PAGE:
Telluride is founded on the kind of obsession and the defiance of common sense that marks not just Herzog and Huntsinger but the hundreds of us waiting for 3:30. Some call this the best film festival in the world; other festivals are quietly proud to be included in that thought. And yet for forty years Telluride has been a celebration of cinema just as the medium and its world have been faltering, changing, and even dying. This year the festival is dedicated to four people who were held dear at Telluride, but who died in 2013—Les Blank, the documentary filmmaker drawn to music, dreams, and pungent foods; George Gund, benefactor, enthusiast, hockey-mad; Donald Richie, writer and scholar on Japanese cinema; and Roger Ebert, superb popularizer, eternally brave and beloved. Errol Morris’s new film at Telluride, The Unknown Known (about Donald Rumsfeld), is dedicated to Ebert—Rummy is lucky to get in on that act. But the cineastes of the 1970s who created Telluride and made it as grand as the surrounding mountains are passing.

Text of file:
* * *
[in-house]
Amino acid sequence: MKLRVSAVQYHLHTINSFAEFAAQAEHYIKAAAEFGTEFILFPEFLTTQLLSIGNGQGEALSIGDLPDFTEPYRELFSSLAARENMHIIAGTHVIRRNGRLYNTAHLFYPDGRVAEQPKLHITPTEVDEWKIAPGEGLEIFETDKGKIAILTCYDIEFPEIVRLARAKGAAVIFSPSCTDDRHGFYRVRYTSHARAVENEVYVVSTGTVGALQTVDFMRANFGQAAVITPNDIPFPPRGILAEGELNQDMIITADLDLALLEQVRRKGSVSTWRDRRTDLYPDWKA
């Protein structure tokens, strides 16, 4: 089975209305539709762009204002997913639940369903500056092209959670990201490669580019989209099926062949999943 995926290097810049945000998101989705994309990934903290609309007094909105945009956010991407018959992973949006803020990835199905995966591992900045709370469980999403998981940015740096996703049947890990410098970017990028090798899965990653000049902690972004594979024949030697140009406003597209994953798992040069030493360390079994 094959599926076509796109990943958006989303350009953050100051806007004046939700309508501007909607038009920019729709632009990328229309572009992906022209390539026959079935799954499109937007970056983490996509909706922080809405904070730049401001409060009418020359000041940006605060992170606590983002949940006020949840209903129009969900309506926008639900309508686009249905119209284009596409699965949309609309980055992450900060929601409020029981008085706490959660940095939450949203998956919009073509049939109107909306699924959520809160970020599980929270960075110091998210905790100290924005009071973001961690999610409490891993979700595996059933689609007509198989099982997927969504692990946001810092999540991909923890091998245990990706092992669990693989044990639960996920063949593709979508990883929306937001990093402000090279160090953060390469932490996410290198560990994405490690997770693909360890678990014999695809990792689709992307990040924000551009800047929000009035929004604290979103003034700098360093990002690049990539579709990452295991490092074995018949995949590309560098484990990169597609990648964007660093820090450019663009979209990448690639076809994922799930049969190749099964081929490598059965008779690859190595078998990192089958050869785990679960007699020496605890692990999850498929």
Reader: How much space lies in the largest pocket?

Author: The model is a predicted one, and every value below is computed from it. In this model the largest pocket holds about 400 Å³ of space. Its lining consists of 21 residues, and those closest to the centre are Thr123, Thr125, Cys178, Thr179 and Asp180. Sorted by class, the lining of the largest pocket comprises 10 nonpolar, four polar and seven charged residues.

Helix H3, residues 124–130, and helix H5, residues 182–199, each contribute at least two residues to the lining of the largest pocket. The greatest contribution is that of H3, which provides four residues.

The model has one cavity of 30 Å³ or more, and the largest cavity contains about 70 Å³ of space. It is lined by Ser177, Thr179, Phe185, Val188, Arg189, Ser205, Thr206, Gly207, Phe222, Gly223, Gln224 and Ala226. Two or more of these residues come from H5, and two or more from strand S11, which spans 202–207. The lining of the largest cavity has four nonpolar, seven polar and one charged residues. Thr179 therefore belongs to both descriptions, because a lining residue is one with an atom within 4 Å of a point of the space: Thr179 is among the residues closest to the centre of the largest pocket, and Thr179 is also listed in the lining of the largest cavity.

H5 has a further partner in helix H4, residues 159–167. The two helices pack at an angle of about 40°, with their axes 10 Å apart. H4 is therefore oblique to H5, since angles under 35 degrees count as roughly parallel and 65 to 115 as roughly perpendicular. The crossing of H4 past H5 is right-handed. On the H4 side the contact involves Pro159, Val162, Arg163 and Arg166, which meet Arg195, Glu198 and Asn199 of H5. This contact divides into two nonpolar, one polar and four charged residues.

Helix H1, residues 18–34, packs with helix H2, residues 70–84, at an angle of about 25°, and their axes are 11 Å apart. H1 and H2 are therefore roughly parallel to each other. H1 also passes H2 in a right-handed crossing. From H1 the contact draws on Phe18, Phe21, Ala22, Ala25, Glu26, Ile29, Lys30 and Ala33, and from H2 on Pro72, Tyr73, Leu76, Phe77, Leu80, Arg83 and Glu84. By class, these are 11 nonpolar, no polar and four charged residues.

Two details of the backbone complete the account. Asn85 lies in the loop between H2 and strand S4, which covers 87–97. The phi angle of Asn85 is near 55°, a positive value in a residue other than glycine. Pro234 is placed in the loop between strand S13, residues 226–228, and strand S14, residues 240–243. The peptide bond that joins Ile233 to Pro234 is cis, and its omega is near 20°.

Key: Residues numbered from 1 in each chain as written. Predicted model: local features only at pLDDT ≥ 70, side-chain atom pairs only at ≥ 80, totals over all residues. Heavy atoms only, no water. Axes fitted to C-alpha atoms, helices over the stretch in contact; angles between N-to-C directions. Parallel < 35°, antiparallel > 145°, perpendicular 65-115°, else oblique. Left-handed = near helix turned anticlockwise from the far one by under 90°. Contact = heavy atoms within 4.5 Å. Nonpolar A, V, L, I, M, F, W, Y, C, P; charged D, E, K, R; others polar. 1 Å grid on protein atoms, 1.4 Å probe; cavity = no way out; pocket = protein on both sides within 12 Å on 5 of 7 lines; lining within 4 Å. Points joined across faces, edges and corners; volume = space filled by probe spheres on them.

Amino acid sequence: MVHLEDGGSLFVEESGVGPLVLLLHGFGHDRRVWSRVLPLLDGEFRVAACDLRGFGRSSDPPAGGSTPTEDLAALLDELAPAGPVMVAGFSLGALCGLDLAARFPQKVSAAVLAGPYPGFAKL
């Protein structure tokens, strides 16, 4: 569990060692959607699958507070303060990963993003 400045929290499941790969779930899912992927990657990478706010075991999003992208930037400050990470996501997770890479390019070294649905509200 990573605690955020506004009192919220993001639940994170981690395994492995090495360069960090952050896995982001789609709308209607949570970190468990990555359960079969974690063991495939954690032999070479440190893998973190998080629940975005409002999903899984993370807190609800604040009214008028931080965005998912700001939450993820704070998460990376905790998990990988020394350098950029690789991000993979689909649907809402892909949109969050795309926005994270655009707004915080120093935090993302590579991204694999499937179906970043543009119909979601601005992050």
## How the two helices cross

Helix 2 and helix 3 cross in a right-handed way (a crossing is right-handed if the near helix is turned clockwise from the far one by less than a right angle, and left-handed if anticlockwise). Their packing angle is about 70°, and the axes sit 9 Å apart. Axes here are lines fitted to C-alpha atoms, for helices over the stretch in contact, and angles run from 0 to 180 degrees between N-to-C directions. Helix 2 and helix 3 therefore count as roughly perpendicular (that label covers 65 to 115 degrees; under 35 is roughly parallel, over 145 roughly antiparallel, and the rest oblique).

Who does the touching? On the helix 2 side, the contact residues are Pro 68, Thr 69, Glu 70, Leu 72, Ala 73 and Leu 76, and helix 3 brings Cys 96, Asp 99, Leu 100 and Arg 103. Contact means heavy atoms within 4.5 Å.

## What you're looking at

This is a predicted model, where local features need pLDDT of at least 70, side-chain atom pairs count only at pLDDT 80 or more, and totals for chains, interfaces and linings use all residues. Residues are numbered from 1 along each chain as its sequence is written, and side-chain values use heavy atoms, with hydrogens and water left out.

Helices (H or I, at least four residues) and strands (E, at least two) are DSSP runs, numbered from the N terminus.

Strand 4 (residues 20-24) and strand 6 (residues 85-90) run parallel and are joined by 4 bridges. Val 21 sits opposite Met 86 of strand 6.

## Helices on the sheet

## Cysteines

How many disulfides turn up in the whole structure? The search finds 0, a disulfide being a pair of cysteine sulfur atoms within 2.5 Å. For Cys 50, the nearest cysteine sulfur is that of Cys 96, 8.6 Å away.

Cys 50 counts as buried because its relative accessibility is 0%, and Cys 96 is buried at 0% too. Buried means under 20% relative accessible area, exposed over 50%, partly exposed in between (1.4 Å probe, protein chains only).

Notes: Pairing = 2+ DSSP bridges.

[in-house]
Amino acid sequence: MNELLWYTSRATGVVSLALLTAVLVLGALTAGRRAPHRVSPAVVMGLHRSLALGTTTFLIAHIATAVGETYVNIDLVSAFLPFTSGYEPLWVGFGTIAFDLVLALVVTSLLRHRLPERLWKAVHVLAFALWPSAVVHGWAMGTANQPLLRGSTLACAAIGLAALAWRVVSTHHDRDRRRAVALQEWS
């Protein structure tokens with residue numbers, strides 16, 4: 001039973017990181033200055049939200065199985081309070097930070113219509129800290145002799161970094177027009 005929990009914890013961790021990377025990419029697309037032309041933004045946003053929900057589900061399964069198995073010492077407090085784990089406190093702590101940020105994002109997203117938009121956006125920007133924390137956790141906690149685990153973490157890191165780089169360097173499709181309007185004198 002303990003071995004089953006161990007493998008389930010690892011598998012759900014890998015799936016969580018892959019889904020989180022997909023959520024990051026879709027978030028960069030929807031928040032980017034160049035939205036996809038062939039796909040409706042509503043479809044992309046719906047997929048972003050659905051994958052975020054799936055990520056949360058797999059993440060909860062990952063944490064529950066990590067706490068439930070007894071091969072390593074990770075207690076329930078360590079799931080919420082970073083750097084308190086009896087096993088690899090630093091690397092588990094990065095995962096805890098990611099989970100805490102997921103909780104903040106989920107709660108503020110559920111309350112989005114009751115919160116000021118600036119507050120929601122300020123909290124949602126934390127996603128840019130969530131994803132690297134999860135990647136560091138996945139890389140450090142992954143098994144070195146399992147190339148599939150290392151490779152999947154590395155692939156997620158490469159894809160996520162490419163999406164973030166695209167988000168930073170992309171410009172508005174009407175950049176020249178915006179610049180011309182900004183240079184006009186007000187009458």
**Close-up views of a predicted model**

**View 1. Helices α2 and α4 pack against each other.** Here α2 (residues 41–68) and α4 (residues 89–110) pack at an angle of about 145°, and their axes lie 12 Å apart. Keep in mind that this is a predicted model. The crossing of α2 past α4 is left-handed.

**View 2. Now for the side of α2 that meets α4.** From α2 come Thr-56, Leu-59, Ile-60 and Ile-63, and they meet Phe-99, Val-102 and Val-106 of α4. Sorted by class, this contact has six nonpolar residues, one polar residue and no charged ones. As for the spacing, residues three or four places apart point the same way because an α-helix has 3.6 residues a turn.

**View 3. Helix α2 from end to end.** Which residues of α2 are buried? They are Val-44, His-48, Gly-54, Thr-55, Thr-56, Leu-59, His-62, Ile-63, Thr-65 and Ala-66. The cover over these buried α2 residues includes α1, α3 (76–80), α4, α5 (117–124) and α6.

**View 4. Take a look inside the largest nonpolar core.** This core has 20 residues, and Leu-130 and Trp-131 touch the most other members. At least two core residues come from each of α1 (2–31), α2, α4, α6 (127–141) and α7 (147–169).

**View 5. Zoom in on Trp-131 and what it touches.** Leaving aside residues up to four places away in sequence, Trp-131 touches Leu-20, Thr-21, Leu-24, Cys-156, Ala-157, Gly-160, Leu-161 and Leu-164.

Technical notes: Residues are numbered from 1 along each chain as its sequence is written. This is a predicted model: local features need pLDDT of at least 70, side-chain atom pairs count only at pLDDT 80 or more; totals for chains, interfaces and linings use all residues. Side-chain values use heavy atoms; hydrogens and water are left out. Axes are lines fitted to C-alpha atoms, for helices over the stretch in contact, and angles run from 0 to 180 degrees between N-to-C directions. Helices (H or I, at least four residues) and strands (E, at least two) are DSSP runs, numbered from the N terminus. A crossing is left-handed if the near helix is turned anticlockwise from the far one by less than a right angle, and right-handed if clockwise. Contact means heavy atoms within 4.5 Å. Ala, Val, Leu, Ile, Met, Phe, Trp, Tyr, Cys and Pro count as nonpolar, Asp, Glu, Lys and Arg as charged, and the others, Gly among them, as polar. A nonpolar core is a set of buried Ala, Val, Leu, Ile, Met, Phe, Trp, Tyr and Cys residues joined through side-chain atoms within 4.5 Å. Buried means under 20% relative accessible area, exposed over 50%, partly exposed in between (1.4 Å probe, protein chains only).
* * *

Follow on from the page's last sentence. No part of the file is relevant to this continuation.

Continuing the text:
Robert Redford deserves what has never come to him before, an Oscar for best actor.
At three o’clock we are allowed in to the Herzog. For the first time ever, this year at Telluride our passes are scanned. We marvel at the theatre. We greet the festival directors and acknowledge the sponsors. At last the movie begins. All Is Lost will not open until October 18th, so this is less a review than a warning. Very soon, such archaic distinctions will collapse, along with the projection of celluloid and the poetry of dissolves. So I won’t say more (or much more) except that All Is Lost is amazing, deeply moving, and a harking back to an age when the best mainstream films might be the best pictures America made. It is an adventure and an epic with one person. I am warning you that it may win Best Picture, and that its one person, Robert Redford, deserves what has never come to him before, an Oscar for best actor.